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Everything Natural: Ice Cream Man of India who Left Behind a Legacy with Naturals

Naturals, one of the common names for ice cream in Indian households began with the motive to sell real fruits through ice creams and succeeded by understanding the dessert desires of Indians.

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'Ice Cream Man', Raghunandan Kamath bid us all aideu on May 18. After a brief illness, the founder was admitted to a hospital but could not survive more than a day and the company informed about his demise on social media. But it was just his life journey, as the journey he created for people to embark on their favourite fruit ice cream flavours shall remain with the patrons even in the years to come. 

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Natural Ice creams are popular for dealing in a variety of flavours extracted from fruits ranging from mangoes, litchee, strawberry, and chikoo along with various other flavours like dry fruits, coconut and more. The brand is known for containing no artificial flavours, no preservatives or stabilisers, only fresh fruit pulp or dry fruits. 

Mangalore, Mangoes and Mumbai!

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While growing up, the young Raghunandan assisted his father, who was a mango vendor in the small village of Puttur taluka in Mangalore. Despite the family's eight members, including seven siblings of Kamath, they managed to cultivate some fruits on their one-acre land, but their monthly earnings were as low as Rs. 100. Raghunandan quickly developed a love for fruits and learned the skills of picking ripe fruit, plucking it, sorting it, and preserving it. According to the brand's team, even in his childhood, he could understand the difference between 'perfect mangoes' and the 'not-so-perfect' ones.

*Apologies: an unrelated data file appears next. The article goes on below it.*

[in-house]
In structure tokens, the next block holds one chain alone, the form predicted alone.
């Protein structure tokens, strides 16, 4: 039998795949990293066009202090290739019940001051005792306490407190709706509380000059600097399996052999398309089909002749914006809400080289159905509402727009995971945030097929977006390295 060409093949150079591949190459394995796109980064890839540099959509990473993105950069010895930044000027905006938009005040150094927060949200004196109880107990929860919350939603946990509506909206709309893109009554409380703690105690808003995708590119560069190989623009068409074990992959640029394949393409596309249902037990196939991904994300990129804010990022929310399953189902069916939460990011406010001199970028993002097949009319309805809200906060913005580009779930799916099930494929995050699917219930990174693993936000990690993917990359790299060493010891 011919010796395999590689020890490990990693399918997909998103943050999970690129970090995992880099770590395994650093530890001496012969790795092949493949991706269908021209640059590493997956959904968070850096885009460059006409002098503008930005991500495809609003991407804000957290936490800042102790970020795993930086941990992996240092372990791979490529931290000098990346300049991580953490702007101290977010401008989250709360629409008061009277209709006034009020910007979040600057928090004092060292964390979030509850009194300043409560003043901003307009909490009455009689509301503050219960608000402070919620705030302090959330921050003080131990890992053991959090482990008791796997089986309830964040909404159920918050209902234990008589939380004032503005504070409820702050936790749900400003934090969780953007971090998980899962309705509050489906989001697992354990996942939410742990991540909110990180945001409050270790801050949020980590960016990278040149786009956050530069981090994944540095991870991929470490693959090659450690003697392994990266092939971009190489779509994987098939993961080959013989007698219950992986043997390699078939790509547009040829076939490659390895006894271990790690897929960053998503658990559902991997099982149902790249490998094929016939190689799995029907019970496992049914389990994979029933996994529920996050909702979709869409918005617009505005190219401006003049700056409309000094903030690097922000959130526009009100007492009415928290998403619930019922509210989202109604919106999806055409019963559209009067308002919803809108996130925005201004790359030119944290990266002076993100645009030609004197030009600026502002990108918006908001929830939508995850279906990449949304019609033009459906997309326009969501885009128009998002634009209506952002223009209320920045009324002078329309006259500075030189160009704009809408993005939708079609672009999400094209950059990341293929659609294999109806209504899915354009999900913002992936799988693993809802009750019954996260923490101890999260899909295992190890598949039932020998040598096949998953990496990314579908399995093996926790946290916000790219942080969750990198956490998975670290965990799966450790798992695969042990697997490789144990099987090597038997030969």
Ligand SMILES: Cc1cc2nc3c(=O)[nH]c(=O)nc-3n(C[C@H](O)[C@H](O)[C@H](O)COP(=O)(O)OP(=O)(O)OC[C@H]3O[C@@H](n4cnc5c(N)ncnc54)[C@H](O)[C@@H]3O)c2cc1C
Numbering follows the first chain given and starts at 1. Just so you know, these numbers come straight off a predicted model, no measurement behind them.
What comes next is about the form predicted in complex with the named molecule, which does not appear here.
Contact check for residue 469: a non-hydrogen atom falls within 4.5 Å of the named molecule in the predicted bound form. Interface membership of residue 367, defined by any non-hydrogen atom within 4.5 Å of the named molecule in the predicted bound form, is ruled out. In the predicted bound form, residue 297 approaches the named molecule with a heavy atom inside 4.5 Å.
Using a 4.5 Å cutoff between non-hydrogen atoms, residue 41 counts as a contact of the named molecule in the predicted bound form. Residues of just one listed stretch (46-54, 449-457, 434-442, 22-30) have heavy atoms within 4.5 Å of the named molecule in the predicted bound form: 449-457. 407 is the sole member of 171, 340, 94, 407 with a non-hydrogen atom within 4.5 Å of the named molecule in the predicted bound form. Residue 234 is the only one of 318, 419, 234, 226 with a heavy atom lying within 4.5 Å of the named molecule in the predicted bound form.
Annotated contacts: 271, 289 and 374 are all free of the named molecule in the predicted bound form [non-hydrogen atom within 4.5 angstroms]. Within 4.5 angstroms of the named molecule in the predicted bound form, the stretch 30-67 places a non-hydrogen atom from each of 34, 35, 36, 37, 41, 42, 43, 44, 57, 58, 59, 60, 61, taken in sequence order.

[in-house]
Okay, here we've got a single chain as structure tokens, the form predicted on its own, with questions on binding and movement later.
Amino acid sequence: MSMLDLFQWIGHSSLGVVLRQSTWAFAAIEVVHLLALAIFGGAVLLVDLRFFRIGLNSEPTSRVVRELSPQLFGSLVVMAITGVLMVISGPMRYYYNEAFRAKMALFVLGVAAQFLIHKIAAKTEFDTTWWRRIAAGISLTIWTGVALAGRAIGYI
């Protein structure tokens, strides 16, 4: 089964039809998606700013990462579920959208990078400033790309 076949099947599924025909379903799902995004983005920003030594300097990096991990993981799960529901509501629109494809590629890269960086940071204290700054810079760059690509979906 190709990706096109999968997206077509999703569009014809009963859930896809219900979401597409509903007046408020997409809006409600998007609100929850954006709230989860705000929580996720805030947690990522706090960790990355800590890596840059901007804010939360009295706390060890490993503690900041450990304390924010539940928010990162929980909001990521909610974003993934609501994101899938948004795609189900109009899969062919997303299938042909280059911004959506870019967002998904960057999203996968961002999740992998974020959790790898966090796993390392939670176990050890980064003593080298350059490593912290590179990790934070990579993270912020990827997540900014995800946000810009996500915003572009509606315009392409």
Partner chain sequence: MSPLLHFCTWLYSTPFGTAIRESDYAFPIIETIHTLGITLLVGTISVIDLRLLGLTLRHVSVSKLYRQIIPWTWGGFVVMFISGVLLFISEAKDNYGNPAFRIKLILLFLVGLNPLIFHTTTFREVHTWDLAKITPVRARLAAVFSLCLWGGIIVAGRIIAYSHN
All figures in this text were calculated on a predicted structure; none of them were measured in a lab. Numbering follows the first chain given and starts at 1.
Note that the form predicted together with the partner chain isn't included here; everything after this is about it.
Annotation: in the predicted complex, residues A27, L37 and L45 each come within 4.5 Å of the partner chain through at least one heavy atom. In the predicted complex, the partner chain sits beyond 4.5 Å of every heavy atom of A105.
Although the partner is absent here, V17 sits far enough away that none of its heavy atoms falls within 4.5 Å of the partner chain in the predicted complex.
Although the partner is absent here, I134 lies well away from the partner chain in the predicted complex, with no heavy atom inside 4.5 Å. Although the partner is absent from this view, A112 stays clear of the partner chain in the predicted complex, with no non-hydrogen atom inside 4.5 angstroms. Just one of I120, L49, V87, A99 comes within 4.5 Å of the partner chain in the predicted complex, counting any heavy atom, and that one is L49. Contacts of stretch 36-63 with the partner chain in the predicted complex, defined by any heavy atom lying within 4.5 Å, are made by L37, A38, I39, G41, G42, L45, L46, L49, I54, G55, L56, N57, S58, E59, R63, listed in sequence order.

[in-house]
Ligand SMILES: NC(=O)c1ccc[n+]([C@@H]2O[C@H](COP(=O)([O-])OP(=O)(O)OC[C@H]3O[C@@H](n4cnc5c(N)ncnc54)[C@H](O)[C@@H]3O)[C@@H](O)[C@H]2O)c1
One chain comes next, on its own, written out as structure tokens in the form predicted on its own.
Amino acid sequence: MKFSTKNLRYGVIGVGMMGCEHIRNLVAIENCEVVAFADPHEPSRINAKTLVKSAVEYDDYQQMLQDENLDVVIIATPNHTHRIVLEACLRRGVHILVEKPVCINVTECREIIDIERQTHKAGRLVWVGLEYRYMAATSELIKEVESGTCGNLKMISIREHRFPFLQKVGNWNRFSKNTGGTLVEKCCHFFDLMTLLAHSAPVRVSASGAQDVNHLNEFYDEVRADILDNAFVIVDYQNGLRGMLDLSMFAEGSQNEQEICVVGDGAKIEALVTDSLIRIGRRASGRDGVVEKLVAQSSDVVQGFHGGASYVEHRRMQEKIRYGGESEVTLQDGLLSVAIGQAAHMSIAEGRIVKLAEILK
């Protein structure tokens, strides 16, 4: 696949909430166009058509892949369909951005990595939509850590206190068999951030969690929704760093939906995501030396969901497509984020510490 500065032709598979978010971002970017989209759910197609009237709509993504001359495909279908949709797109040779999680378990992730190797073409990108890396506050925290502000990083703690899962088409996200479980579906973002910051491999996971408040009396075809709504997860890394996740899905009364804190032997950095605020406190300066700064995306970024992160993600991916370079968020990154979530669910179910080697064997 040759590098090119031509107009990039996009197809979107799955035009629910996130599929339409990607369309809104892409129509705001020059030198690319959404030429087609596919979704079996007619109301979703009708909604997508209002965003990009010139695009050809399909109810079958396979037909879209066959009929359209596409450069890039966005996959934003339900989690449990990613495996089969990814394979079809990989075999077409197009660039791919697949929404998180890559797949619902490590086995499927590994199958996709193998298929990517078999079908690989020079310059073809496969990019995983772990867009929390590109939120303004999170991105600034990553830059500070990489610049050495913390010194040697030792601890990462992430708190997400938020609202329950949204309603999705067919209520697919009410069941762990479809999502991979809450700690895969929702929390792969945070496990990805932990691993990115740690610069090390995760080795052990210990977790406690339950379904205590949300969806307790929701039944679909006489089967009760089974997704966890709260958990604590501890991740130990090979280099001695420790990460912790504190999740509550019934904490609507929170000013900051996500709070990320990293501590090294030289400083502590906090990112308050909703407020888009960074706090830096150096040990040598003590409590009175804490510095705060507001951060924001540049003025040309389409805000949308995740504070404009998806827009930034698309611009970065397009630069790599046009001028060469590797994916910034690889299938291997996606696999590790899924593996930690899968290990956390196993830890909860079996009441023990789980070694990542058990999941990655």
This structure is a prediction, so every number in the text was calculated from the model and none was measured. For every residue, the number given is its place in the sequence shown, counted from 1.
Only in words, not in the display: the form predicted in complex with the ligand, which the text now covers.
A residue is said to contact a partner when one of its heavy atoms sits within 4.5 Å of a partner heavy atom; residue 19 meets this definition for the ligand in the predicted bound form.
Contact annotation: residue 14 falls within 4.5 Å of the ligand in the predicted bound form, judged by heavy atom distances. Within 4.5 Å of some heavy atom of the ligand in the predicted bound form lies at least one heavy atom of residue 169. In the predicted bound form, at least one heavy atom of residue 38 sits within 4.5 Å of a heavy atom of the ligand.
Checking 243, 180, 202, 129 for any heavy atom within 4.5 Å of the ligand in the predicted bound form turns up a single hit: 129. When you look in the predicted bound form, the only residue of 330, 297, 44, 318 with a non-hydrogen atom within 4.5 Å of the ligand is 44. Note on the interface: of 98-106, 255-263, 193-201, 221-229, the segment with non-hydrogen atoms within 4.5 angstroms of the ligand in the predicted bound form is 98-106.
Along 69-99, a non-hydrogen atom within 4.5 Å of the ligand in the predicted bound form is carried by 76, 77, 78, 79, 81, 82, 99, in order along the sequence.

One day, Mr. Kamath had the idea that if ice cream could have fruit flavours, then why not use real fruits? This idea prompted him to leave his father's business and board a train from Mangalore to Bombay with a second-class ticket in his pocket. However, he was unsure if people would come to buy or even taste his ice creams. Despite his doubts, he had a conviction that if they came once, they would come again!

In 1984, he began selling Pav Bhaji as the main dish, with ice cream as an add-on. It didn't take long for the 300-sq-feet eatery to gain recognition among people, and it soon converted into a full-fledged ice cream parlour offering flavors like sitaphal (custard apple), kaju-draksh (cashew-raisin), mango, chocolate, and strawberry. The parlour became known as the 'Ice Cream of Juhu Scheme'. Over time, the bylanes of Juhu experienced traffic jams as people flocked to the outlet for the ice creams, which initially had only 12 flavours. Mr. Kamath managed to sell 1,000 cups on the first weekend!

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Along with what Raghunandan Kamath learnt from his father, he has been giving equal credit also to his mother for his success. He would watch her earnestly prepare food and give time to each dish. Reportedly, there was no room for "quick recipes" in his household and hence, he also picked up the skill to make his brand authentic to its name.